Afghanistan to expel over 1,000 S. Korean Christian evangelicals

Kabul, Afghanistan - More than 1,000 South Korean Christian evangelicals who have entered Afghanistan for a "peace festival" will be expelled from the Muslim country, an Afghan official said Wednesday.

The South Koreans, who arrived on tourist visas for a rally called the 2006 Afghanistan Peace Festival, will be expelled "soonest possible because we cannot guarantee their safety here," the high-ranking official said on condition of anonymity.

He said that even though the South Koreans were warned not to "preach religion" while in the country, in some cases they have been seen trying to evangelize Muslims in some regions.

"This can be terribly provocative and can create problems for Afghan government," he said.

He said the Afghan government has made this decision in coordination with the South Korean embassy in Kabul.

The event is organized by the Institute of Asian Culture and Development -- an organization been working in Afghanistan for four years -- and is set to take place at five major Afghan cities for three days starting from Saturday.

More than 20 South Koreans who arrived at Kabul airport on Tuesday were the first to be stopped and sent back to India, from where they had entered Afghanistan, an Interior Ministry official said.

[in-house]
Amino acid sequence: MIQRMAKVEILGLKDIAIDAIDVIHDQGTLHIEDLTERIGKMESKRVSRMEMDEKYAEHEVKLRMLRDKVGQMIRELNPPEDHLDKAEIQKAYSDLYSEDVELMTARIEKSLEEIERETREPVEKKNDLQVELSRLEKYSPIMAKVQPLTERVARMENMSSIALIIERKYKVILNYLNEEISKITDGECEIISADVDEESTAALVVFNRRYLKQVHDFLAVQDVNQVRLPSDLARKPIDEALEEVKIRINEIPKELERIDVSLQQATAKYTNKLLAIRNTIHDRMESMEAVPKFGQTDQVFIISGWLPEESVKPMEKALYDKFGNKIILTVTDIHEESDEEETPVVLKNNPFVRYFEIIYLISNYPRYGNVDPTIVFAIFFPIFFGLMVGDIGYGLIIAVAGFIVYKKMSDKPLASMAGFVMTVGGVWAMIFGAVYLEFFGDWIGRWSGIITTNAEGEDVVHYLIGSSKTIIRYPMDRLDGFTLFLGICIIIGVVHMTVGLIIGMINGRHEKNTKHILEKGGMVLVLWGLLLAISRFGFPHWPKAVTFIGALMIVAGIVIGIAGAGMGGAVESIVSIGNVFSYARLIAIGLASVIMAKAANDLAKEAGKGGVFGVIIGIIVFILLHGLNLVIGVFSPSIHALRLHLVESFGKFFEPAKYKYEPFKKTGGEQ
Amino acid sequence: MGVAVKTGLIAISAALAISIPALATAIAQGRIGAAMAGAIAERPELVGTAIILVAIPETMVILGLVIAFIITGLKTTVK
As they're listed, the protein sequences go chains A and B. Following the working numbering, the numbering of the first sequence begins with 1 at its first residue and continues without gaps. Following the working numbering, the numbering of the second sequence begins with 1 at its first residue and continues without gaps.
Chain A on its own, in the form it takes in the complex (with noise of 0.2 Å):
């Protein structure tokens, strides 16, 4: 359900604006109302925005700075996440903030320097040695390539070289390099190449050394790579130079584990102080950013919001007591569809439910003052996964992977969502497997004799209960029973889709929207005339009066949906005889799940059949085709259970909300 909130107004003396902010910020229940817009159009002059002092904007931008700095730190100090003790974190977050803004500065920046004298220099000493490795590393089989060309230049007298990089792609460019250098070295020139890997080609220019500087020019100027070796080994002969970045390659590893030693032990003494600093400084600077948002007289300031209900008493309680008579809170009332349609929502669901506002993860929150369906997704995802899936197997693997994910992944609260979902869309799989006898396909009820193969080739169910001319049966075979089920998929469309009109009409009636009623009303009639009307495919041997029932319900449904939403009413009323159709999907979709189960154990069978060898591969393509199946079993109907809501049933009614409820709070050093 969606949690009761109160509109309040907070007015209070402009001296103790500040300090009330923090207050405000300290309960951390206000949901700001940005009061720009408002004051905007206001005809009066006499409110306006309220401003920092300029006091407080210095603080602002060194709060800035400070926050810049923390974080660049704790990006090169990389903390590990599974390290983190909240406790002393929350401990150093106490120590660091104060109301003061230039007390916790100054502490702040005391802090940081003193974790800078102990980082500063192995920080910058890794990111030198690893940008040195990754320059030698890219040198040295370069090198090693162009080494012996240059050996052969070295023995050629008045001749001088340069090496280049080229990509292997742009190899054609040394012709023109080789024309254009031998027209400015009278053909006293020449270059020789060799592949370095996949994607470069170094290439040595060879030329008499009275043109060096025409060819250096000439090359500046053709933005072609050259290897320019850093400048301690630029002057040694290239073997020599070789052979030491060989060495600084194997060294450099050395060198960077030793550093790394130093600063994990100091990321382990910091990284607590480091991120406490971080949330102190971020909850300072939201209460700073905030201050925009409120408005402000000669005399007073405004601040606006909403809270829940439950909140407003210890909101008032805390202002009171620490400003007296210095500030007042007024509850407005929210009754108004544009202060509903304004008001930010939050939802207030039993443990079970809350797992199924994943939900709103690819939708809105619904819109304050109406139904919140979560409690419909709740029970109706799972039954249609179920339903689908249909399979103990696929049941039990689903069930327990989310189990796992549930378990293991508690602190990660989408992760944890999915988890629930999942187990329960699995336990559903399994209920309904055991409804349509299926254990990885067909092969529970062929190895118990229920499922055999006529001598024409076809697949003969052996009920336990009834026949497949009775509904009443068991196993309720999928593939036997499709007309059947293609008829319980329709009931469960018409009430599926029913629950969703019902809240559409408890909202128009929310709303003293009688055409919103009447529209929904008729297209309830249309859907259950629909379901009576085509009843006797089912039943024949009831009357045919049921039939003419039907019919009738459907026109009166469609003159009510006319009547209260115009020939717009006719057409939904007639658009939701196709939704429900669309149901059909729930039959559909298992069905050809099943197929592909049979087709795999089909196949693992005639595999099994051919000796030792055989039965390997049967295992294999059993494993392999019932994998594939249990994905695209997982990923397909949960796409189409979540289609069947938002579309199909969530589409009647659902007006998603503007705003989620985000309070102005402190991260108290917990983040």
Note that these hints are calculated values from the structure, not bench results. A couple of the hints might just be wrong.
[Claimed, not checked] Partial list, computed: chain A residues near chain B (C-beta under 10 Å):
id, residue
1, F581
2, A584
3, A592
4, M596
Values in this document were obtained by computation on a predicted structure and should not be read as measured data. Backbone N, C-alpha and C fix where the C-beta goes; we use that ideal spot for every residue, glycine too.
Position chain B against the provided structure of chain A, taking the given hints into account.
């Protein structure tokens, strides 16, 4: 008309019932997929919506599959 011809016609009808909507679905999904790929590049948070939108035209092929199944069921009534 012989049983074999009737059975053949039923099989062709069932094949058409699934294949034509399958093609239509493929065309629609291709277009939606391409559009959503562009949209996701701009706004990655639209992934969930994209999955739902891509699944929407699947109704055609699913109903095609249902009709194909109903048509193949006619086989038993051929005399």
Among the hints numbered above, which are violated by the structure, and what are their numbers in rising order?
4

On Wednesday, more than 500 Islamic clerics took part in a protest against the visitors in the northern city of Mazar-i-Sharif, where more than 200 Korean Christians are attending a "peace festival" despite warnings by Afghan and south Korean governments that they could be targets for attacks.

Religion is a sensitive matter in Afghanistan's strictly Islamic society.

In February, thousands of people demonstrated against the release of an Afghan man who had faced the death penalty for converting to Christianity from Islam. The man, Abdur Rahman, was released from prison and then spirited to Italy after international outrage and calls by Western leaders and Pope Benidict.